Throughout the COVID-19 pandemic, we saw many workers jump on the opportunity to move out of the city and into the suburbs… or further. What happens if an employee decides to move provinces, or leave the country altogether? While it may be difficult for some to resist the appeal of moving out of a busy city, being closer to family, or relocating for lower property prices, employees should be mindful of the impacts this could have on their employment.
Getting the employer’s consent to relocating abroad should be the first step for an employee considering a big move. If an employee decides on the decision of relocating abroad without consent, things can get more complicated. Although relocating without consent has not yet been considered by the courts in the context of COVID-19, previous case law indicates that a significant relocation, without employer consent, may give rise to cause for dismissal if the issue can not be resolved.
In a 2012 BC case, Ernst v. Destiny Software Productions Inc., the court considered whether an employee’s covert move from Vancouver to Cabo, Mexico was cause for dismissal. In siding with the employer that there was cause, the court considered that his unilateral decision to move countries, coupled with his dishonesty about that and the use of his vacation time, had broken the trust required for continued employment.
This case is context specific and will of course vary from the experiences of others. Employees considering relocating abroad should consider factors like the terms of their employment contract, the distance of the relocation, whether there is dishonesty around the decision to relocate, and their willingness to work with the employer to find a solution. Employees working remotely as a result of the pandemic should also consider whether the employer will be calling everyone back to the workplace, as an unreasonable refusal to return to the office may be considered a breach of the contract of employment.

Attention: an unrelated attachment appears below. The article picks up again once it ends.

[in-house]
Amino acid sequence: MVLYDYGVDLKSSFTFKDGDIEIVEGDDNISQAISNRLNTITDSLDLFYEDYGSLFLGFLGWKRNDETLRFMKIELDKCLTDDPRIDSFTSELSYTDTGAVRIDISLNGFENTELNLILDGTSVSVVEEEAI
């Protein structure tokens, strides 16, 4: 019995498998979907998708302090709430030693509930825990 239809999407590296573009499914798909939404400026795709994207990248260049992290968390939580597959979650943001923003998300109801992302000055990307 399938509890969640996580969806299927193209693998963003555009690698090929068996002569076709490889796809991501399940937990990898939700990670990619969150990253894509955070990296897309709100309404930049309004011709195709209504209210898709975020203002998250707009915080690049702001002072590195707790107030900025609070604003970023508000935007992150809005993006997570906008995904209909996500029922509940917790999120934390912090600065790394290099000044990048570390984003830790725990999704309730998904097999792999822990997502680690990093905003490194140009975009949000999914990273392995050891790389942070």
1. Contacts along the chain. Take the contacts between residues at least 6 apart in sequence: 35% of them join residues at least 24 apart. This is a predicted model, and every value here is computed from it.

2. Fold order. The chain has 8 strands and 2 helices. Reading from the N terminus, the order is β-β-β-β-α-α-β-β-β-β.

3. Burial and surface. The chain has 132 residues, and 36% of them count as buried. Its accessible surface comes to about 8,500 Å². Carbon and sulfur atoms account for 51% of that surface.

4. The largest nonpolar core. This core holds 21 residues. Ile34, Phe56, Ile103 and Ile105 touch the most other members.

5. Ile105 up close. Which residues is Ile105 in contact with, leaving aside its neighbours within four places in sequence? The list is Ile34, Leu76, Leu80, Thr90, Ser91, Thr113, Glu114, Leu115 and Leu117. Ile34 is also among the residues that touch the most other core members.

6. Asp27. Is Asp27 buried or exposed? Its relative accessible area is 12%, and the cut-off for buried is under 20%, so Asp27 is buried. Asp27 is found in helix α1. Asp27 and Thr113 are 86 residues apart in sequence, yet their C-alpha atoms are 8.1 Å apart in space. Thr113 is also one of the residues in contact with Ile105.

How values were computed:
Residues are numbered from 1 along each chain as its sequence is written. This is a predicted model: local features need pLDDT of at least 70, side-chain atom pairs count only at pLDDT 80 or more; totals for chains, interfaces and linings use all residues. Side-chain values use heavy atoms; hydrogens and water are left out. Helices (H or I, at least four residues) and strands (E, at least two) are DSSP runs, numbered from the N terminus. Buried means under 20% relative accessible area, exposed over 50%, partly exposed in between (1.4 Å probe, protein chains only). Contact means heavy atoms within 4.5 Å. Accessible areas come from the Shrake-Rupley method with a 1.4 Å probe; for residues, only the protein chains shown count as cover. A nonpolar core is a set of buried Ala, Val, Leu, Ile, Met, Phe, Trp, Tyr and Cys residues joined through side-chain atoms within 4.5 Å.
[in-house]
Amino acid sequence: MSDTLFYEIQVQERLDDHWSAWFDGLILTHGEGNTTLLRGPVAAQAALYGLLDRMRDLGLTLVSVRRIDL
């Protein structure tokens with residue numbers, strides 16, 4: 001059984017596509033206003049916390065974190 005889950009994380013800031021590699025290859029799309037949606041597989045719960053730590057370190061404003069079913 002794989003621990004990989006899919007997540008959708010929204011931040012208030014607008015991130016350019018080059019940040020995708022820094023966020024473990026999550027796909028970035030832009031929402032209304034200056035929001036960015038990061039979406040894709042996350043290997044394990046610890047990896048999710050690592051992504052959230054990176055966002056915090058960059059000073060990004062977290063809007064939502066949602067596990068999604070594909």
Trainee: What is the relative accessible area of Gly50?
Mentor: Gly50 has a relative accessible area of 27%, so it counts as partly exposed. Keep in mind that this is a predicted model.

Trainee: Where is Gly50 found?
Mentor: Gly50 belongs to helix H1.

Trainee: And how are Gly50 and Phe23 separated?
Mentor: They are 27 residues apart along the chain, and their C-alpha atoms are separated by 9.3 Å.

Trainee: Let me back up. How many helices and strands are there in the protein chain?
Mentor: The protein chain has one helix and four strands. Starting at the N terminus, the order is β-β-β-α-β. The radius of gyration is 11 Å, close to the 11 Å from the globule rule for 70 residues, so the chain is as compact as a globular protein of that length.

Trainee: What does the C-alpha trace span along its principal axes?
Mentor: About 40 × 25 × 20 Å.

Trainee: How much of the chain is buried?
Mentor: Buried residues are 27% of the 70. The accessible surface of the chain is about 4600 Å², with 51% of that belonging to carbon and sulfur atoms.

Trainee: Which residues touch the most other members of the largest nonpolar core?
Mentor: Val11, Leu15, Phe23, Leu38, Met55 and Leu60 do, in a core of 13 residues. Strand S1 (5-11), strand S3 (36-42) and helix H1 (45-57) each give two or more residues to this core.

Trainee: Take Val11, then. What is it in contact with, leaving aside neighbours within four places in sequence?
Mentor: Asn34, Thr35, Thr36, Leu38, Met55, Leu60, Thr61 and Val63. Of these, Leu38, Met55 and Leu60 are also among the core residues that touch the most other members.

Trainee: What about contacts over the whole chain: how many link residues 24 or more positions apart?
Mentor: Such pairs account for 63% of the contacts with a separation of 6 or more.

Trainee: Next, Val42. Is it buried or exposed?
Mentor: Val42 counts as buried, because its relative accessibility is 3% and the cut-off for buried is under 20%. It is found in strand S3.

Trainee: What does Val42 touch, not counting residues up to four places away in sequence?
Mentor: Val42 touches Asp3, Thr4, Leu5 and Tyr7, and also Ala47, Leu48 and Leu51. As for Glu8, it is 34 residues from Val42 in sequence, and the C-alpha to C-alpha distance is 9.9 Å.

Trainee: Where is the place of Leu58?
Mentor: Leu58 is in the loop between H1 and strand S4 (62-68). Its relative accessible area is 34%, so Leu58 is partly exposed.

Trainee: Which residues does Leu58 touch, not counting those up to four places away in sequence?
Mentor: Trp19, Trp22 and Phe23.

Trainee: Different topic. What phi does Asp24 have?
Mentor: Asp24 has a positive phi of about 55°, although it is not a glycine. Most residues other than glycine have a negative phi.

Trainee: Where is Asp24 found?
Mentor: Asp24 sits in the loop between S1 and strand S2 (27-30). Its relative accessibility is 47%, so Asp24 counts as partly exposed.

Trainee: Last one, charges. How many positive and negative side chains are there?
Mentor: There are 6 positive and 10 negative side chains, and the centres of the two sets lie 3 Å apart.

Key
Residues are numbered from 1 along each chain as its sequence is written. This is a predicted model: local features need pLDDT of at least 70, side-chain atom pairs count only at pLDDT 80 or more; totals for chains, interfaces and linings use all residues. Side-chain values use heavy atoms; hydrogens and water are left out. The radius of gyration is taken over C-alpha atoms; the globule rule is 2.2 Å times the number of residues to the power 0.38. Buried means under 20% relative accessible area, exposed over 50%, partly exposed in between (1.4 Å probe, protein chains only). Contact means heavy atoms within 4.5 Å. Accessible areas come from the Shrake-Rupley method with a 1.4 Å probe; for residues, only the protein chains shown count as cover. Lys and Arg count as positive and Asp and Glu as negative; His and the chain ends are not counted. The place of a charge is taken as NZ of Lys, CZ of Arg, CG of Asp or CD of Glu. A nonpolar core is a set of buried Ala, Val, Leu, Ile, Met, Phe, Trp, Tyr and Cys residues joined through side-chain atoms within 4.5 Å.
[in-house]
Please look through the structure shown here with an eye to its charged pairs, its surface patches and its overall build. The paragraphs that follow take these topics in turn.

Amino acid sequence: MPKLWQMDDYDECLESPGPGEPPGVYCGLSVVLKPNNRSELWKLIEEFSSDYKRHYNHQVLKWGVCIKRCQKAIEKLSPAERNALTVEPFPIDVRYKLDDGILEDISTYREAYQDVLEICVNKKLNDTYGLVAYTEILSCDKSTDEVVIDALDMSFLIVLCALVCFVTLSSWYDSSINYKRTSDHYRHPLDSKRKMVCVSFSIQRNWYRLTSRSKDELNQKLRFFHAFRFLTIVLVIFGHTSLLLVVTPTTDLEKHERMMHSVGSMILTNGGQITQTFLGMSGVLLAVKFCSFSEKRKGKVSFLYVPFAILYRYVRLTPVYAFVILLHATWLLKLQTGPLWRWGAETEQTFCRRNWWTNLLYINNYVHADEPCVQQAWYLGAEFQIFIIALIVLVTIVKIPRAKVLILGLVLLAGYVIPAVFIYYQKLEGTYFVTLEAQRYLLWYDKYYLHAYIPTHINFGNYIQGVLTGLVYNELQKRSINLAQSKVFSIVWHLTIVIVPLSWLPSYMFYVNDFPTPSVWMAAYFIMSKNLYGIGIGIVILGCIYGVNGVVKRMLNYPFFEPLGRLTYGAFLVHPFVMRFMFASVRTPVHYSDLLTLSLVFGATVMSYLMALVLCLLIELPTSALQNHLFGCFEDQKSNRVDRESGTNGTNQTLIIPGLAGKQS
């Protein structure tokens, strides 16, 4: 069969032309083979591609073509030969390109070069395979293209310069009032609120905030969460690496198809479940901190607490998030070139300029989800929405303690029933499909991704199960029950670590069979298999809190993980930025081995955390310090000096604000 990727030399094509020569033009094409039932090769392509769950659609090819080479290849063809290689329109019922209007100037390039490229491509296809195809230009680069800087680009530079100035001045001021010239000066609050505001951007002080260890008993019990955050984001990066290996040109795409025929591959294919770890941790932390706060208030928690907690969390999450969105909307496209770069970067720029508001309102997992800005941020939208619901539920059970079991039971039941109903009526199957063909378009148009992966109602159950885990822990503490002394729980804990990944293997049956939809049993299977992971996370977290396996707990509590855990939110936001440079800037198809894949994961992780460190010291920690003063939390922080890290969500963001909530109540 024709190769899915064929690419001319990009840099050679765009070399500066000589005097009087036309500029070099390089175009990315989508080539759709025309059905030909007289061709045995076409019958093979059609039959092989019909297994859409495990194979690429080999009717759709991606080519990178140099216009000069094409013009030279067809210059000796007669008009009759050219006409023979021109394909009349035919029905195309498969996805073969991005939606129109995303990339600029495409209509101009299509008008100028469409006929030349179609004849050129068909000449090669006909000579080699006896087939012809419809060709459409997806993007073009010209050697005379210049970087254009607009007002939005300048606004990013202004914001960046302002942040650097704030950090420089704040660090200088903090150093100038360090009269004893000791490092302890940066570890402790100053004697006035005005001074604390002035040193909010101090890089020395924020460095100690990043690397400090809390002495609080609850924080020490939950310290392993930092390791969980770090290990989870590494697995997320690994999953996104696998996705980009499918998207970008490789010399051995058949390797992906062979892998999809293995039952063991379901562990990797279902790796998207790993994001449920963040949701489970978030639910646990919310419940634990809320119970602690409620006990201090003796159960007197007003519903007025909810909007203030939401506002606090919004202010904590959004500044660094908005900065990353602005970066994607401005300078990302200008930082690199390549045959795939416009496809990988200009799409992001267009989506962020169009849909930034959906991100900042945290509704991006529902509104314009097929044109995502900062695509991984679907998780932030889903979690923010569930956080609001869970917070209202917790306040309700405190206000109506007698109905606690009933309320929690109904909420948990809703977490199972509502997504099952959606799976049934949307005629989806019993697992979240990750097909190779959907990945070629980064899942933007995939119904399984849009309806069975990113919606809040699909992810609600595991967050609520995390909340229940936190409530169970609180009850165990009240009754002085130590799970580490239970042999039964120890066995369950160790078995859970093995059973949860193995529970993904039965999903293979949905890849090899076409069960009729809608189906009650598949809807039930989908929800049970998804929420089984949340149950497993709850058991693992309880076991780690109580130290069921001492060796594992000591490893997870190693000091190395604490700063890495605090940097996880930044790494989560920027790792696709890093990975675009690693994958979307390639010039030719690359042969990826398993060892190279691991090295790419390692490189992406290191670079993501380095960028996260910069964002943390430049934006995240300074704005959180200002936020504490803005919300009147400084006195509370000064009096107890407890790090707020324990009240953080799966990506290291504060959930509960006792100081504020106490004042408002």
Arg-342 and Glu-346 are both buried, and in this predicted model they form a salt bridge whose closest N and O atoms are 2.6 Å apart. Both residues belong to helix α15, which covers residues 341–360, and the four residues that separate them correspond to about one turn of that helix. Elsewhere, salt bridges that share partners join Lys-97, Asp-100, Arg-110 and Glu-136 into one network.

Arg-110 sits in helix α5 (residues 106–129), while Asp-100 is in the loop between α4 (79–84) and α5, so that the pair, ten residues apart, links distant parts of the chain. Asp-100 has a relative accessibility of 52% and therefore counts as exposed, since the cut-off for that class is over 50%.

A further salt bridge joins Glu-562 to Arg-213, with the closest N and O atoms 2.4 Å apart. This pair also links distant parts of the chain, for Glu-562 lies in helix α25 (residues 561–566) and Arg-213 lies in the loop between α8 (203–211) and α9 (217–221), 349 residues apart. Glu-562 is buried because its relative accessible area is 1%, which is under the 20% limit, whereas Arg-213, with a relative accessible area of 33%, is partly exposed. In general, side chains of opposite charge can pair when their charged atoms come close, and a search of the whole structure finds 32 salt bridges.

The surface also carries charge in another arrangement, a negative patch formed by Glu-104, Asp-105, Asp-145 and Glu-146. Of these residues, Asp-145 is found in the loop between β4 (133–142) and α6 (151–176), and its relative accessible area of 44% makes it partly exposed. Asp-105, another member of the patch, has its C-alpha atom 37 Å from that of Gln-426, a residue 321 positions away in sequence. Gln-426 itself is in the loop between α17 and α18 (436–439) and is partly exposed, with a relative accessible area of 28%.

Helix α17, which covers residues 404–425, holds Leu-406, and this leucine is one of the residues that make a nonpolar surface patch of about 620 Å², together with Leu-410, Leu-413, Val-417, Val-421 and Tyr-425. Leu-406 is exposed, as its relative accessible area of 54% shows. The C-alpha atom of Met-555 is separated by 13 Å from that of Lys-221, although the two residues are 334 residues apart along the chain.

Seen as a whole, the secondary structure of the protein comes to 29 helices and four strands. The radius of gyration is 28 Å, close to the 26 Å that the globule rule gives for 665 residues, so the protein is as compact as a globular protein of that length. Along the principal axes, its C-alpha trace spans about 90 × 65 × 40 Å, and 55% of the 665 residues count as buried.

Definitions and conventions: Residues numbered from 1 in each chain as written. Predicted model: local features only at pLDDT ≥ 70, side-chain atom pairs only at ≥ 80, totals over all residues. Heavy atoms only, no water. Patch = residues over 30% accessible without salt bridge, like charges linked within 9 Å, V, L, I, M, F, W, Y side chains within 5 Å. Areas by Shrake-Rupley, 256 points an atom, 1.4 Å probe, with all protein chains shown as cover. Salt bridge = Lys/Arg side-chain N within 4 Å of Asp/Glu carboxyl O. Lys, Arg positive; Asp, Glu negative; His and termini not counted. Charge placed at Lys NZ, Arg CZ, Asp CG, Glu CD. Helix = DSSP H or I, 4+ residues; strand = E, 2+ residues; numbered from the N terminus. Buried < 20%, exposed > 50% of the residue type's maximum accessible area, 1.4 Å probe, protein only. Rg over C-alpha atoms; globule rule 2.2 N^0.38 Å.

Before making the decision to relocating abroad while working remotely, employees should speak with their employers to avoid any potential conflicts that may place their job in jeopardy. To better understand your workplace rights and explore the viability of a claim, we encourage employees and employers to seek legal advice. Whitten & Lublin are happy to provide insight and advice into your specific circumstances. If you are looking for employment lawyers and would like more information about what Whitten & Lublin can do for you, please contact us online or by phone at (416) 640-2667 today.
Author: Rachel Patten